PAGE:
Mexico’s Day of the Dead may remember recent stock market performance
For over a year now, Mexico has faced criticism from Trump for various reasons. He still wants to build his well between the United States and Mexico. But for most of the year, the Mexican stock market rallied with the rest of global markets. In July, the Mexbol rallied over 13% for the year. But since that peak, it has fallen 4%, with the average stock falling even more. Recent woes may have centered on the Trump administration’s demands from Mexico in NAFTA renegotiations—or they may just reflect a slower economy. Direxion’s MEXX (3x Bull) Mexico tracks the performance of all market caps within the Mexican stock market and is a bit more concentrated. The MSCI Mexico IMI 25/50 Index, the basis for the MEXX, is down 10% since July, so the MEXX is down 30%. If the dead do rise, they’ll have a long way up.
Source: Bloomberg. Past performance does not guarantee future results.
The performance data quoted represents past performance. Past performance does not guarantee future results. The investment return and principal value of an investment will fluctuate. An investor’s shares, when redeemed, may be worth more or less than their original cost. Current performance may be lower or higher than the performance quoted. Returns for performance under one year are cumulative, not annualized. For the most recent month-end performance, please visit direxioninvestments.com.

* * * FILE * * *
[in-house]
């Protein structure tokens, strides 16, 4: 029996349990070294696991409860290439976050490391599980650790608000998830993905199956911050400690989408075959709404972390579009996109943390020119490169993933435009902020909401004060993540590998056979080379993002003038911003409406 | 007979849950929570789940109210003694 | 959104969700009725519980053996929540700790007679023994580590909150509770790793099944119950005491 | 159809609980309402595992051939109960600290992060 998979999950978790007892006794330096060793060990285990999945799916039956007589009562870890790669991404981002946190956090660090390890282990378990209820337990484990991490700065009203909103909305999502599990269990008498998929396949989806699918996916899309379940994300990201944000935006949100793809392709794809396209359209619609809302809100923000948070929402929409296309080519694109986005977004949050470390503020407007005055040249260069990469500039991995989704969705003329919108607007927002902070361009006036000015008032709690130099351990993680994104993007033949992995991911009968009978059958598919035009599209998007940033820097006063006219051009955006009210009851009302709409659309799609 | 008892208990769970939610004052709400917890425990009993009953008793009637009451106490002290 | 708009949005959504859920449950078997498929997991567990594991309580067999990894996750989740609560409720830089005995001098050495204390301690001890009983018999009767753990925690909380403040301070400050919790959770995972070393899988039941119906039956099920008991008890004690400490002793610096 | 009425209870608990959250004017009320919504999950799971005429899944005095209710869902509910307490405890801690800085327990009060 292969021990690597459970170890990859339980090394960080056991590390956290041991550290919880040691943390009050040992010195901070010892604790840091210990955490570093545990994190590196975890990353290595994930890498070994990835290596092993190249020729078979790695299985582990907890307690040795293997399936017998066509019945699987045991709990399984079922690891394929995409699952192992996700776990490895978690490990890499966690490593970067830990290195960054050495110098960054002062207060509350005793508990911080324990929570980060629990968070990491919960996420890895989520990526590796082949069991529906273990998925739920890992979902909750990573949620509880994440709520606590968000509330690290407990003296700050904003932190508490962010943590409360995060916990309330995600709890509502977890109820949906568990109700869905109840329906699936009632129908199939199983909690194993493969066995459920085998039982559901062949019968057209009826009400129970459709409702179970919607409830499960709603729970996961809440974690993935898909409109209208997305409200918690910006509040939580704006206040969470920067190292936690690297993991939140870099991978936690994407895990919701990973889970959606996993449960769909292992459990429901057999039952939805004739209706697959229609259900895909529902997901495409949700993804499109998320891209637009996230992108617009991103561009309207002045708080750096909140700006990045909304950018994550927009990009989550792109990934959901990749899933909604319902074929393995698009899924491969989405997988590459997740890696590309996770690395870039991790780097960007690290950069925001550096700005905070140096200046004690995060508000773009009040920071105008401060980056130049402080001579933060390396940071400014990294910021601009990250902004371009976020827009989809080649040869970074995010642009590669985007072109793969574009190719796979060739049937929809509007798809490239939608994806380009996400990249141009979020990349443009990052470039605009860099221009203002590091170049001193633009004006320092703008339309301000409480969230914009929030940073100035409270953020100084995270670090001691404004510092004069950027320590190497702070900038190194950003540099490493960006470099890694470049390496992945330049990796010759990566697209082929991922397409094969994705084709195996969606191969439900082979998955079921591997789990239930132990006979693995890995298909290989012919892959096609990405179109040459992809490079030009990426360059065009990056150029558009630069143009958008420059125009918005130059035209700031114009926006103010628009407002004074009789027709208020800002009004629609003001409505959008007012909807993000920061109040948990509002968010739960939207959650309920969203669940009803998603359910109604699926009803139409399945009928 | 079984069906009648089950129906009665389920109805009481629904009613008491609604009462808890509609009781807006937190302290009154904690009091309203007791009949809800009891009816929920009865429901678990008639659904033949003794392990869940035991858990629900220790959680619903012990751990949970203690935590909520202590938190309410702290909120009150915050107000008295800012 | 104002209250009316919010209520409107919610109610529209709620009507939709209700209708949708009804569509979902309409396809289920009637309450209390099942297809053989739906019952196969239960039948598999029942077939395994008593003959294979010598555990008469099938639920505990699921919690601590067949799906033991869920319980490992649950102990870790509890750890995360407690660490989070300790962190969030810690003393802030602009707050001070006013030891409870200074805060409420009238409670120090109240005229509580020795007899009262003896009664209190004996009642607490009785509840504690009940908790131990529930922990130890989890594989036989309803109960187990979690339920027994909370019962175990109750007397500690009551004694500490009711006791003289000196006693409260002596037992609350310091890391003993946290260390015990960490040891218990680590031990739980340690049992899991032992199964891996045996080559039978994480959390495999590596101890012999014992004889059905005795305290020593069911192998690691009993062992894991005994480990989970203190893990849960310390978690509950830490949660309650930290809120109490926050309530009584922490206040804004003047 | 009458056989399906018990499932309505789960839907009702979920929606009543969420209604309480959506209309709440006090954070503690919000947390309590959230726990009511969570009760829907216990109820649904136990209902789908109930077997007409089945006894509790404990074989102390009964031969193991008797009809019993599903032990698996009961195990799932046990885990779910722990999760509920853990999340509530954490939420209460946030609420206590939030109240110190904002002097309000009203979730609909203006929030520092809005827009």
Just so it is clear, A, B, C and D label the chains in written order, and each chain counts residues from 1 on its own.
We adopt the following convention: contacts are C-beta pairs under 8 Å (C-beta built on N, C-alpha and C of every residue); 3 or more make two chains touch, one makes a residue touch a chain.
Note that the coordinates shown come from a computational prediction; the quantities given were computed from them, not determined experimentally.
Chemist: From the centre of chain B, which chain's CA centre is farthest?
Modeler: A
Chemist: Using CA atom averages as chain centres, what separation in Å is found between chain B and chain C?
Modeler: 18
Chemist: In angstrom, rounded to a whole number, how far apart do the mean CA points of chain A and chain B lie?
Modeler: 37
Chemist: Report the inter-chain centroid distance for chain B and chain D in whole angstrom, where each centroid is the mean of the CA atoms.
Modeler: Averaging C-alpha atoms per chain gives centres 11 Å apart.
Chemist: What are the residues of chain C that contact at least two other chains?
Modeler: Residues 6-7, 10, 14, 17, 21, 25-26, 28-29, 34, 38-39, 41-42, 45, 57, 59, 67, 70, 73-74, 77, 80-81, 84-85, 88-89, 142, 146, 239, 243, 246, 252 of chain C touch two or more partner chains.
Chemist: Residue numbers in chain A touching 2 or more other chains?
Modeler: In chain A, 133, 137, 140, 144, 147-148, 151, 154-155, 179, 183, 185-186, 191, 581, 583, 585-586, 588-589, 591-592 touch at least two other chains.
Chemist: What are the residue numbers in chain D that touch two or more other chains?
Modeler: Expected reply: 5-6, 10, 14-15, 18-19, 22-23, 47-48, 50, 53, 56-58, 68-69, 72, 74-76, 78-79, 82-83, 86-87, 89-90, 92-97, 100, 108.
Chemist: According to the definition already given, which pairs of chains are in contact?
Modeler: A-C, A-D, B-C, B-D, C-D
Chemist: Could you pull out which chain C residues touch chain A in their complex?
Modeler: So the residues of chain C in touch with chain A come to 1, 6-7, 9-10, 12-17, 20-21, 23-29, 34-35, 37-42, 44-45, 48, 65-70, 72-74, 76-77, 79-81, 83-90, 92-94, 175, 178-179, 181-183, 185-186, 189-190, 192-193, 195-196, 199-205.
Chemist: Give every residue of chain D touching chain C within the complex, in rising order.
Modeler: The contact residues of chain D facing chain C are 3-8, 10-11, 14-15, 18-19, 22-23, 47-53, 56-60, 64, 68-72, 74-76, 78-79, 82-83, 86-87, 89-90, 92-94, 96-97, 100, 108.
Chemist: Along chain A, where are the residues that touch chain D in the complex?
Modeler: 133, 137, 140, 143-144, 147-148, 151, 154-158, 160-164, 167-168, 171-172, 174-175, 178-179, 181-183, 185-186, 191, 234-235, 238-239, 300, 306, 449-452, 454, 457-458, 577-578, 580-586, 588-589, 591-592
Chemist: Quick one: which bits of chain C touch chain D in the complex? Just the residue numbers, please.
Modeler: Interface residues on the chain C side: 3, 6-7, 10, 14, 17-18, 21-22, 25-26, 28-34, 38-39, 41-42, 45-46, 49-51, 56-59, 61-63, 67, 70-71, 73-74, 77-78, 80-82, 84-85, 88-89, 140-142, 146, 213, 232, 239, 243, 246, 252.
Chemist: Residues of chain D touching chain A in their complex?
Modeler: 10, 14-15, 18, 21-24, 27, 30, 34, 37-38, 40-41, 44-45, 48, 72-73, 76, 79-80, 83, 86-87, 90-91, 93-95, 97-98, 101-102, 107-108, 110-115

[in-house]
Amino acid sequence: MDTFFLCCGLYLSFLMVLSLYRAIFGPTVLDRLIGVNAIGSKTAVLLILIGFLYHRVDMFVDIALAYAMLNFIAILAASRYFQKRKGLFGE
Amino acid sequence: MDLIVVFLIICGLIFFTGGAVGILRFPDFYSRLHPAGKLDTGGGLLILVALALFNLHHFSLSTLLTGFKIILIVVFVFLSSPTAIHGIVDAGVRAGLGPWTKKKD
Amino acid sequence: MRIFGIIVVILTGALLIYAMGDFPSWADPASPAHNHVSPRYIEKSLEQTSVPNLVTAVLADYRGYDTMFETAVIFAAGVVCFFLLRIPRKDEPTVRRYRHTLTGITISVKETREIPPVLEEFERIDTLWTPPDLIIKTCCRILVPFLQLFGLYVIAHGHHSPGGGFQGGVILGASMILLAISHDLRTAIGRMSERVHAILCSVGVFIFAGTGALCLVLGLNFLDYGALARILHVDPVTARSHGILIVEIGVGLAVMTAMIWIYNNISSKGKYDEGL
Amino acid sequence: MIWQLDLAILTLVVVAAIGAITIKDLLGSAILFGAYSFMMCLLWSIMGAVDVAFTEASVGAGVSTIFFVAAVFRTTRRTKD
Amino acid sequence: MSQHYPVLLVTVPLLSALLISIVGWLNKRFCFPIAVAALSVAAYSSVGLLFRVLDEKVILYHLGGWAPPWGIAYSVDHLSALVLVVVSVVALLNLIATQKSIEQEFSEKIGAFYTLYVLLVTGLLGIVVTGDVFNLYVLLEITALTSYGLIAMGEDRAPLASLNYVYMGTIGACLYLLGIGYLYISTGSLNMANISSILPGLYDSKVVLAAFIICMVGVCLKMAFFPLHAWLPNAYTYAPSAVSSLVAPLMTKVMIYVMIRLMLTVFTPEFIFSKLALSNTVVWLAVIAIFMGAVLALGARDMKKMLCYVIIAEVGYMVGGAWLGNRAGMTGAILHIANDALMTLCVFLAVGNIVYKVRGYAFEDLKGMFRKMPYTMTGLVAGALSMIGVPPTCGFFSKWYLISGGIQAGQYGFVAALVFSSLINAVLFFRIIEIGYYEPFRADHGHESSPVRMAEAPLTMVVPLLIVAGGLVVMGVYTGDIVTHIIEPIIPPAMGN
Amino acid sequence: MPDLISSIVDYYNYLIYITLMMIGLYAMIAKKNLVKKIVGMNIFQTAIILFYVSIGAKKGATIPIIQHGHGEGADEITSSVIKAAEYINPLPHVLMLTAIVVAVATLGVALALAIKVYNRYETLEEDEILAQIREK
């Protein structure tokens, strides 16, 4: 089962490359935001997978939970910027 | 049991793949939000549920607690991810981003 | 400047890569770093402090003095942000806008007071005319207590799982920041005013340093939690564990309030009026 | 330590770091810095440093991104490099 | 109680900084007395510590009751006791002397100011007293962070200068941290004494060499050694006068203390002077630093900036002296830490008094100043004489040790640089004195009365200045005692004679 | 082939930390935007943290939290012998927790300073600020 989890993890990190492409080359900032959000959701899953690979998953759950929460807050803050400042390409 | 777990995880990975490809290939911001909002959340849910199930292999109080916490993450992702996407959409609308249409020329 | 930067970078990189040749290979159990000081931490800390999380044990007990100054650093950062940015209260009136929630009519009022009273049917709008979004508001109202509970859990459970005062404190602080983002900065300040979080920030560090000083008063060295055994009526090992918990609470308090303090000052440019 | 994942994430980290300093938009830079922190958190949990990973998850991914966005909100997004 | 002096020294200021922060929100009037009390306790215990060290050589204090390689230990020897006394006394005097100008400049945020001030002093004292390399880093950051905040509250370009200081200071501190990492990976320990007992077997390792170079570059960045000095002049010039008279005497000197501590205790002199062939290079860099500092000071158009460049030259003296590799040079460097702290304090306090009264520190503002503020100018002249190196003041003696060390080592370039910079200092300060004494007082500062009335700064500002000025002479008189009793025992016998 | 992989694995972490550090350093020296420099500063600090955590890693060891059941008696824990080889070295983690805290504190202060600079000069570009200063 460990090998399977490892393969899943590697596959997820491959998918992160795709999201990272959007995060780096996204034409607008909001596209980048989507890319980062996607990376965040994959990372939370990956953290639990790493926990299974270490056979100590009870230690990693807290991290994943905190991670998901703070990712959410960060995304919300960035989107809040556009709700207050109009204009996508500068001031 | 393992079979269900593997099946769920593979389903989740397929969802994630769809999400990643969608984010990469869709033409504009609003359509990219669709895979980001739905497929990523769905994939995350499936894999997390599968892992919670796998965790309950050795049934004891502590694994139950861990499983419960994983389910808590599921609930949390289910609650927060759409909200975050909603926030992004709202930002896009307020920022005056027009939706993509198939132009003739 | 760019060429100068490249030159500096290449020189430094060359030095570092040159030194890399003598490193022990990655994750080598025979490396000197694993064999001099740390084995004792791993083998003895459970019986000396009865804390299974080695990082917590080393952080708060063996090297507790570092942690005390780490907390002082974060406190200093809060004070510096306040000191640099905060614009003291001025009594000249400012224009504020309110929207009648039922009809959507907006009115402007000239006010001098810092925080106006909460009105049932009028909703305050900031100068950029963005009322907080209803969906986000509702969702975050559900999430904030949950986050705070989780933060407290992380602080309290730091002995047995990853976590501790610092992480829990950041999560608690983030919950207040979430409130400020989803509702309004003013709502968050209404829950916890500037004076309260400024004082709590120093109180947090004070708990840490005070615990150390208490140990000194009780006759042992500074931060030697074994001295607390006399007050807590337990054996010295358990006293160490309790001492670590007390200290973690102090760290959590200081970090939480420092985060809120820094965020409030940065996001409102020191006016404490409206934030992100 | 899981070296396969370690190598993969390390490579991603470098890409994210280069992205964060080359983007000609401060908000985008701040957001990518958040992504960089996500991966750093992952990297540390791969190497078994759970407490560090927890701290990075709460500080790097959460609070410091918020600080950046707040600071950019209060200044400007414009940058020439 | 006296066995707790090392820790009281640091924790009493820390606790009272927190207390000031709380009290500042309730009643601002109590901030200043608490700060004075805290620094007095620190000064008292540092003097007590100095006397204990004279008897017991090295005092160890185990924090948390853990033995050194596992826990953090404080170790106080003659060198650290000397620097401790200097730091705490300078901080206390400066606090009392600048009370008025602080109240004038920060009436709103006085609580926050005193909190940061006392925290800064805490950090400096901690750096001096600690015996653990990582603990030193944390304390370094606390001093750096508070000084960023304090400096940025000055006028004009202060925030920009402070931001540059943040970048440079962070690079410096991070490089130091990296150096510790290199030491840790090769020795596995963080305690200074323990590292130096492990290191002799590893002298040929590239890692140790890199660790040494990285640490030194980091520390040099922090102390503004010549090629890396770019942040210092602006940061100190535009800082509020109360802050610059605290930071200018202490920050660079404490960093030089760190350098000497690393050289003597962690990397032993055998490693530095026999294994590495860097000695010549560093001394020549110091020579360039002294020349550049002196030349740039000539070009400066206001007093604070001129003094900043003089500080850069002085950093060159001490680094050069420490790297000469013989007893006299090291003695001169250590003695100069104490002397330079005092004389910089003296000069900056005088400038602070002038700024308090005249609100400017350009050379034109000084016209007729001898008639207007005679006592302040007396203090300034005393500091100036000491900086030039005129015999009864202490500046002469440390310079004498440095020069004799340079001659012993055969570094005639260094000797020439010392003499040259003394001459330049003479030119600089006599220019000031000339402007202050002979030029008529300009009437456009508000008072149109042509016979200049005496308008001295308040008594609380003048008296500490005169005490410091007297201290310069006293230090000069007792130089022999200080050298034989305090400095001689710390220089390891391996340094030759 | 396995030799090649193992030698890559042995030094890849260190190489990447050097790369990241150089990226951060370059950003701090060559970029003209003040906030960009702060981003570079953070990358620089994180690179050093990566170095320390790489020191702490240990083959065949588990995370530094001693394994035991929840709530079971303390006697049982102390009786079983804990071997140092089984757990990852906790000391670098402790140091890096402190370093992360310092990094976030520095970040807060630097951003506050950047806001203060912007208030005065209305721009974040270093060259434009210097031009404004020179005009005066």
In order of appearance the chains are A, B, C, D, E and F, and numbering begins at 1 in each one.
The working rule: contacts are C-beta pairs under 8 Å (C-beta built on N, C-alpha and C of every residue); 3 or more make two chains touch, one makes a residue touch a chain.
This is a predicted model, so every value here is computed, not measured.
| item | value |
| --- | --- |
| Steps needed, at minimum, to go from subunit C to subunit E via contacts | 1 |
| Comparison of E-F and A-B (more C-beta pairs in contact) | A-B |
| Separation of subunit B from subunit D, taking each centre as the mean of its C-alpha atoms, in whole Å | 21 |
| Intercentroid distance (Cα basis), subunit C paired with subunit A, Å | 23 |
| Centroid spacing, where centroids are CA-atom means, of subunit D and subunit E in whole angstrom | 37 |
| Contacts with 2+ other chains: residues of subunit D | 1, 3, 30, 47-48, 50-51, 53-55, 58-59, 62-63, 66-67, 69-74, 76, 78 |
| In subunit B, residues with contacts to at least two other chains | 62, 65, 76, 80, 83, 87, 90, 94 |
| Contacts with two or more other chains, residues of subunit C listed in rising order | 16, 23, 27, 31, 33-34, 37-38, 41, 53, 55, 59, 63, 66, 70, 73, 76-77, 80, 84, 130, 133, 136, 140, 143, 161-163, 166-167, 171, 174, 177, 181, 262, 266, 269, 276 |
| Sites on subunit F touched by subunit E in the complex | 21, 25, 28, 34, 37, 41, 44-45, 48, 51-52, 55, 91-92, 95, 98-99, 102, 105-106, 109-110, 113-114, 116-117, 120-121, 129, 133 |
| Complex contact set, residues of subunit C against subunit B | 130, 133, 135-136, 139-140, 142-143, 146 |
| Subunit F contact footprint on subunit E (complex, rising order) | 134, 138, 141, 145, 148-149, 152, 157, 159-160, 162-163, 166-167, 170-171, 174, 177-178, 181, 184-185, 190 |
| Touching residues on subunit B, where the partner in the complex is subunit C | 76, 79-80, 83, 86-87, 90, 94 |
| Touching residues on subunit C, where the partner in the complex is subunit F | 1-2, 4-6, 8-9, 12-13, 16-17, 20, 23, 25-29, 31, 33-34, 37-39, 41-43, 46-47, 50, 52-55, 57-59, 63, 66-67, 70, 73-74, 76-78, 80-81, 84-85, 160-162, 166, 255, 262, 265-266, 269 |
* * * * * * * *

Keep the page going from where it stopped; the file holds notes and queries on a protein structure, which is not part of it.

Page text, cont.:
Mexico’s stock exchange is under pressure
Though Mexico’s stock market (EWW)(MEXX) is up 9.5% YTD through October 20, it’s down 3.3% after reaching its yearly high in July. Mounting concerns over the continuation of NAFTA (North American Free Trade Agreement) talks and subdued economic growth have led to some pessimism in the market.
These concerns have also affected the peso, pushing it down to a five-month low. In the past three months, the peso has weakened as much as 8.6% against the dollar—the worst performance among emerging-market currencies. And these falls have come despite oil prices (XLE)(USO) gaining over 20% since June. A pick-up in oil prices usually supports the peso.
Impact on the economy
NAFTA is a trade deal between the United States (SPY) (IVV), Mexico, and Canada that eliminates most tariffs on imports and exports among the three countries. The failure of talks would lead to increased tariffs on Mexico’s exports to the United States, damping hopes for Mexico’s economy. Many corporates have kept their investments in Mexico on hold until NAFTA talks resolve. Moreover, the prospect of a weaker peso is eroding consumer confidence, further aggravating the situation.
Earnings likely to fall
NAFTA concerns and overall pessimism in the economy have hurt corporate earnings expectations. The IPC Index, which comprises 35 stocks that trade on the Mexican Stock Exchange, is likely to see its earnings fall around 35% in the coming quarters due to broader economic uncertainties.
Though there’s pessimism in the air, the successful conclusion of NAFTA talks could boost overall business confidence, pushing the stock market to a higher growth trajectory.